We appreciate that this does not give the full DAISY DTB experience. To experience this, the reader can download an example OpenLearn course unit [7] to try out the features which will be explored in this paper. You will also need software which will play a DTB, for example the open source AMIS software [6], which will play DTBs conforming to an earlier version of the standard (American National Standards Institute, 2002), or there are demo versions of software [13] which will play DTBS conforming to the latest more feature rich version of the DTB standard (American National Standards Institute, 2005).

2.3 Overview of the OpenLearn Structured Authoring schema

This schema [2] provides a structure which enables sections of content to be explicitly marked up as being relevant to a specific educational or learning task. Examples of the mark up vocabulary provided for learning include LearningOutcomes, Activity, Question, Discussion, Example and self-assessment questions (SAQs). This schema has been developed to facilitate reuse of the Open University’s course content in multiple media, driven by a business need to standardise and optimise the production of the University’s course units. A key aim of the schema was to facilitate the automatic generation of electronic and print versions of course units from the same source files, i.e. from XML source files conforming to the schema. The schema originated from an analysis of the structure of OU course books and has been developed iteratively from 2002 to date (2009).

Intended at first for use only within The Open University, an adjusted version of the schema was publicly released in October 2006 alongside the launch of the OpenLearn site offering Open Educational Resources. In addition to the markup that is related to learning, the OpenLearn schema also provides a variety of tags for marking up the narrative structure within the course unit, e.g. Section, Paragraph, Table, Title and various types of Lists.

An example of a fragment of an OpenLearn course unit marked up according to the schema is shown in figure 4.

Figure 4: Excerpt from an OpenLearn course unit, K205, conforming to the Open University Structured Authoring Generic Schema [2]

2.4 Customisation of the DAISY pipeline

The DAISY Pipeline is open source software for converting various formats into DTBs. The DAISY Pipeline comprises a software framework and API under which a series of individual transformers can be configured, sequenced and run to transform content into a DTB file set, or from a DTB file set into other forms of content. The Pipeline has grammars for describing both individual transformers (the Transformer Description File Grammar [8]) and sequences of transformers, or TaskScripts as they are called (Daisy Pipeline TaskScript Grammar [9]).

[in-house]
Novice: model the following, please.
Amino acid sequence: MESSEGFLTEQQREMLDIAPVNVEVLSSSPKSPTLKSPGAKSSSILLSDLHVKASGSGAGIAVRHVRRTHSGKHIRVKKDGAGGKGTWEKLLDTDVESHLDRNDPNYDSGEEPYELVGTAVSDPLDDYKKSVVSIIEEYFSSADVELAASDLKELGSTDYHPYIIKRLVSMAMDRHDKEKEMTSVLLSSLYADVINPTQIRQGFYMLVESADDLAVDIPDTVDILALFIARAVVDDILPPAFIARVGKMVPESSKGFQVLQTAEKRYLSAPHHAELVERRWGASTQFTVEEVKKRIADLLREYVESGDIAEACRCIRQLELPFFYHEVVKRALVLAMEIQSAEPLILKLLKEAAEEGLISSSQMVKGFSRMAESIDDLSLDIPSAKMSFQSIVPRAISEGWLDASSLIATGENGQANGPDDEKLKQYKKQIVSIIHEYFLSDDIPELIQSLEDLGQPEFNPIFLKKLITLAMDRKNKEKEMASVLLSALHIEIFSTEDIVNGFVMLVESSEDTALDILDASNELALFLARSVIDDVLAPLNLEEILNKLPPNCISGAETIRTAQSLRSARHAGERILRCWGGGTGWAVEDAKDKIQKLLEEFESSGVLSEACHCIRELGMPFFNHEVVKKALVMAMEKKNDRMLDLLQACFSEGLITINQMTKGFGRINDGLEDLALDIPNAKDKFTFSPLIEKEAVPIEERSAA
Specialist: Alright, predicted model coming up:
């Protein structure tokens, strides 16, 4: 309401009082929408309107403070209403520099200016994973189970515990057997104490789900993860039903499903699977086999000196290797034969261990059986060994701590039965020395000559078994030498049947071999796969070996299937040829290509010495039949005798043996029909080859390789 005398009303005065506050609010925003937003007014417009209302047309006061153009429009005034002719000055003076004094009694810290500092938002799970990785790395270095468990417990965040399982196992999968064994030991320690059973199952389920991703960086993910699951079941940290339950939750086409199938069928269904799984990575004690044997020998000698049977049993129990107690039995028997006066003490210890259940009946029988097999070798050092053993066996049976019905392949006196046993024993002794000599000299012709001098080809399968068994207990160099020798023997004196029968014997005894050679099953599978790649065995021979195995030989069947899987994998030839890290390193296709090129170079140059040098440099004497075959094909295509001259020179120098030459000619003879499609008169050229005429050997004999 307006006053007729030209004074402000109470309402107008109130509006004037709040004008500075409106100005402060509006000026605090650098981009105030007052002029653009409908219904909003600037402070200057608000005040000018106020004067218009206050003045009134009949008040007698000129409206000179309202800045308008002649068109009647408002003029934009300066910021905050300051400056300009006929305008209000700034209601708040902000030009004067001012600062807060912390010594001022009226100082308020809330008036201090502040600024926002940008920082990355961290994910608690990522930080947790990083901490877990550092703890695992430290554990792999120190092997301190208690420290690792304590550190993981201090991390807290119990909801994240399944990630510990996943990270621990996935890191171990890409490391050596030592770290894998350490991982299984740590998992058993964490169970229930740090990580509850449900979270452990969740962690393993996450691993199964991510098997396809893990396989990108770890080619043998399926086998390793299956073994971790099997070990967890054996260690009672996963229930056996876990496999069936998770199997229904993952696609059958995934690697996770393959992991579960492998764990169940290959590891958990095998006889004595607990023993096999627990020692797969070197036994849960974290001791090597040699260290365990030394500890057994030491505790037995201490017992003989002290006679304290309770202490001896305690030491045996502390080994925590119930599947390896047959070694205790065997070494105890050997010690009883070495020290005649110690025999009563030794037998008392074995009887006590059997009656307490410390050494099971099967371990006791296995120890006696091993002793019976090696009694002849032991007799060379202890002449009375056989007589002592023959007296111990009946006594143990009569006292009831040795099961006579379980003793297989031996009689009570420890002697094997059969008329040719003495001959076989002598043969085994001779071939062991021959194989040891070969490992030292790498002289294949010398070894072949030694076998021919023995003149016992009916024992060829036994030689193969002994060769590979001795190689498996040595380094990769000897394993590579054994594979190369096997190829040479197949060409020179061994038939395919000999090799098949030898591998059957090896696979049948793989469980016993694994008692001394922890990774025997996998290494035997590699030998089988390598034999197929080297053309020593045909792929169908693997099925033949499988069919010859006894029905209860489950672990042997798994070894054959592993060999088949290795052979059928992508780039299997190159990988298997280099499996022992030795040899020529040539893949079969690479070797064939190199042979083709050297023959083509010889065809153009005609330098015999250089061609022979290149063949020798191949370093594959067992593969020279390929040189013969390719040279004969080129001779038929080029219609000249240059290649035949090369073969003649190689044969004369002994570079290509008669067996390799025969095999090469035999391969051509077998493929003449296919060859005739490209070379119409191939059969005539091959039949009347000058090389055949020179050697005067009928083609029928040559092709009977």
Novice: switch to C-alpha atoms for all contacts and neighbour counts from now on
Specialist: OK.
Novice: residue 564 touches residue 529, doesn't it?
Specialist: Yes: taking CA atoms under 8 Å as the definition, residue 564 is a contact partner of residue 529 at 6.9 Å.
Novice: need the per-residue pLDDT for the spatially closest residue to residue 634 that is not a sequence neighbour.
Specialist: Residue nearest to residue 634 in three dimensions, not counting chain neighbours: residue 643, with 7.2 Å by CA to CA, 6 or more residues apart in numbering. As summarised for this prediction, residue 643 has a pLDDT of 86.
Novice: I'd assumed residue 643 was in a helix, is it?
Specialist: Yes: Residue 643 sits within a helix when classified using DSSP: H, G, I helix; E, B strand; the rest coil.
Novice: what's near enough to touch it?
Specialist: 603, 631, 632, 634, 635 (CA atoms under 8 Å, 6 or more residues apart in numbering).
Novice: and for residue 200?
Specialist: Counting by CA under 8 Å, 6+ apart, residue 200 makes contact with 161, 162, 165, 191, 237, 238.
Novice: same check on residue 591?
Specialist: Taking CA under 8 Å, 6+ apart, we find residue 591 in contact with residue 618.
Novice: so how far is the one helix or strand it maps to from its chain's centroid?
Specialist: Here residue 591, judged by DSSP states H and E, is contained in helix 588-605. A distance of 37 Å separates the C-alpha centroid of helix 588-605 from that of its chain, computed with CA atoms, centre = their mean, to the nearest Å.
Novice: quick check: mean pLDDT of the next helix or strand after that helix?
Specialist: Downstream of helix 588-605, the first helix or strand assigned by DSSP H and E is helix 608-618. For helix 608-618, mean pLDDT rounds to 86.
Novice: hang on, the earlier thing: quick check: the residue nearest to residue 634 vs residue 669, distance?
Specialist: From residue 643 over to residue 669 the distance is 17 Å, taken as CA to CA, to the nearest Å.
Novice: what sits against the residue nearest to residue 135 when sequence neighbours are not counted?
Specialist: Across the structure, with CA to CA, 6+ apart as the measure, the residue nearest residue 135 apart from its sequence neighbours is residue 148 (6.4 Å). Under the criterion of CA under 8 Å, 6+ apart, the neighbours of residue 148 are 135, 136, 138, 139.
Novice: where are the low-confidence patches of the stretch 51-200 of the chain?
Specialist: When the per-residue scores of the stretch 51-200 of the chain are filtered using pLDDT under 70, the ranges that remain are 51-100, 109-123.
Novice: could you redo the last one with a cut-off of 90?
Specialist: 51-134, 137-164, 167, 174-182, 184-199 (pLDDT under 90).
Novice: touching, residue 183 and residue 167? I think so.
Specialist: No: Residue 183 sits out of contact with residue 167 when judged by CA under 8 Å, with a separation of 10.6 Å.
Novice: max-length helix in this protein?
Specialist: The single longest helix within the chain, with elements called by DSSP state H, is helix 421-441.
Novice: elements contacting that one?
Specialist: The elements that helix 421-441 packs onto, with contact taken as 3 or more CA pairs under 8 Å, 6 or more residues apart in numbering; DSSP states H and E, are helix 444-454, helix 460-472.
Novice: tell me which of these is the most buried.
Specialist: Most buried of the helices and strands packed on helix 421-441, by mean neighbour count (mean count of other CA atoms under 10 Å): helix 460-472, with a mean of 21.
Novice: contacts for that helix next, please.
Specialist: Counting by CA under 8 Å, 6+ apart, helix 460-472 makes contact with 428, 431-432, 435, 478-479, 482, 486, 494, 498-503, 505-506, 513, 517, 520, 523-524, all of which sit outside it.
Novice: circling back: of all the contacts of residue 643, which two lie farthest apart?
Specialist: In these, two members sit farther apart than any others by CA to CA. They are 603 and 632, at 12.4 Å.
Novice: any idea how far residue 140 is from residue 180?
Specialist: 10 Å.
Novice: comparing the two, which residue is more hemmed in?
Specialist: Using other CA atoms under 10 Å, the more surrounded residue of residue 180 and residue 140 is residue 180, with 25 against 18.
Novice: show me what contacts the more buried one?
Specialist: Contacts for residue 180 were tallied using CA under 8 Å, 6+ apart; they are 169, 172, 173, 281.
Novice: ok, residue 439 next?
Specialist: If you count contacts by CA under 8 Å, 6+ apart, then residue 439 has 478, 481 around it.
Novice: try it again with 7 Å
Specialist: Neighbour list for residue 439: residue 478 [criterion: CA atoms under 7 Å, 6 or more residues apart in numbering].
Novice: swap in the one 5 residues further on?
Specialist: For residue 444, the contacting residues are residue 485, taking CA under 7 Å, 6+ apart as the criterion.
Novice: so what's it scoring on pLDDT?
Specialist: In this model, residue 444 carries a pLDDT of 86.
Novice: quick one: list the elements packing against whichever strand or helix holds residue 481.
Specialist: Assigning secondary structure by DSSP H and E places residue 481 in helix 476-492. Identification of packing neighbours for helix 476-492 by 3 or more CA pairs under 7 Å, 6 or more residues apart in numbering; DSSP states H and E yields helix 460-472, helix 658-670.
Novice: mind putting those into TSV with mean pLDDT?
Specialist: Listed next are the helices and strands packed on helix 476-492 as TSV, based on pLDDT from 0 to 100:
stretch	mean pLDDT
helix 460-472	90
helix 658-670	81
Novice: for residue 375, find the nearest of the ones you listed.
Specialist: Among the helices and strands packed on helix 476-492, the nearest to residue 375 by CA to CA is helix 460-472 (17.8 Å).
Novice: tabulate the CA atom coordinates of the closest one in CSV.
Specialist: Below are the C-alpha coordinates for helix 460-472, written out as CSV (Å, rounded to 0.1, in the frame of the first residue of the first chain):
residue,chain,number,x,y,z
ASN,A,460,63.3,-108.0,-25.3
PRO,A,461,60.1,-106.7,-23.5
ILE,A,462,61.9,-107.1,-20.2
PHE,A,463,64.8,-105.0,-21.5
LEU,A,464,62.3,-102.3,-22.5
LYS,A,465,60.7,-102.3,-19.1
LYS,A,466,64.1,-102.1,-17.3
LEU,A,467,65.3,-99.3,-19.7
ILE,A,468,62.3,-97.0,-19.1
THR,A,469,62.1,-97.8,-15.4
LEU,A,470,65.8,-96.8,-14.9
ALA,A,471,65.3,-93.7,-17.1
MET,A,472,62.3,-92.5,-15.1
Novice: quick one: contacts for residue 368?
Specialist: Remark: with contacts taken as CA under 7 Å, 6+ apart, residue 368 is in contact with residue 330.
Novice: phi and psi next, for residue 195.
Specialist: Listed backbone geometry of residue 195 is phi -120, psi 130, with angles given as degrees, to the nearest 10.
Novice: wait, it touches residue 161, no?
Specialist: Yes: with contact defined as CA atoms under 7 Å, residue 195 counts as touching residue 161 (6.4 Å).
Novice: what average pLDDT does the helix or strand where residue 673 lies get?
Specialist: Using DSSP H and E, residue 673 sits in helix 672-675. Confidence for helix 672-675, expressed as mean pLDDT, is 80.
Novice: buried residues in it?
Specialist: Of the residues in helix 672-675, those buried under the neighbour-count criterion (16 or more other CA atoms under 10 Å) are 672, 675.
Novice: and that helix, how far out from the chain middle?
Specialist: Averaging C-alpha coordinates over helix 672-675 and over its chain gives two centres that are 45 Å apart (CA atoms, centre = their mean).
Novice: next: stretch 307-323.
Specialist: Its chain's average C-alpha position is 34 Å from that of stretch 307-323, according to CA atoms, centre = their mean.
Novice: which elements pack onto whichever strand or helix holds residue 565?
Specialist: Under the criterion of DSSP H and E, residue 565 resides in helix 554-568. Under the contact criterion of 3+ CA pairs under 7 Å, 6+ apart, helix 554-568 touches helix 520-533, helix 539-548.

A Transformer Description File describes the properties of a transformer, including the format of input it will operate on and the format of the output it will produce. The format of the input that the transformer is designed to operate on and, the format of the output that the transformer will produce are expressed as a MIME types [19]. The Transformer Description File also specifies the Java class that will perform the transformation, and other parameters required for the transformer to operate. The Transformer Description File uses MIME type extensions to specify different XML schemas such as the DTB schema (American National Standards Institute, 2005, [8]).

The taskScript specifies which Transformers are executed and in what order, and it defines the parameters that are sent to the Transformers as they execute. We customised an existing taskScript to operate on OpenLearn Open Educational Resources (OER) by developing new transformers and adding them to the sequence specified by the existing taskScript. The existing taskScript is the Narrator script [10] which creates a DAISY DTB file from a DTBook content file [11].

Figure 5 is a schematic diagram showing the sequencing of the transformers in the customised script. The table below explains the meaning of elements used in figure 5. This script enables automatic transformation of OpenLearn content into a DTB containing features of use to learners. For example, standard DTBs ‘talk’ until they finish or the listener switches them off. The DTBs generated through this script will stop after asking a question within an activity because “producer pauses” (American National Standards Institute, 2005)are introduced at appropriate points by the “Pause inserter” transformer. This means that a DTB player can wait for the user to hit a key e.g. it will not read out the answer or discussion until the learner indicates they are ready by hitting a key.

Table 1 Key for Schematic diagram (figure 5)

Graphic in figure 5


Data operated on by a transformer.

This is a new transformer we created for transforming OER.

Data operated on by a transformer, and/or produced by a transformer.

This is an existing transformer (i.e. one that was part of the original Narrator taskscript sequence).

This is an existing transformer (i.e. one that was part of the original Narrator taskscript sequence) that will require configuration for most educational applications.

Figure 5 Schematicdiagram showing the sequencing of the transformers in the customised script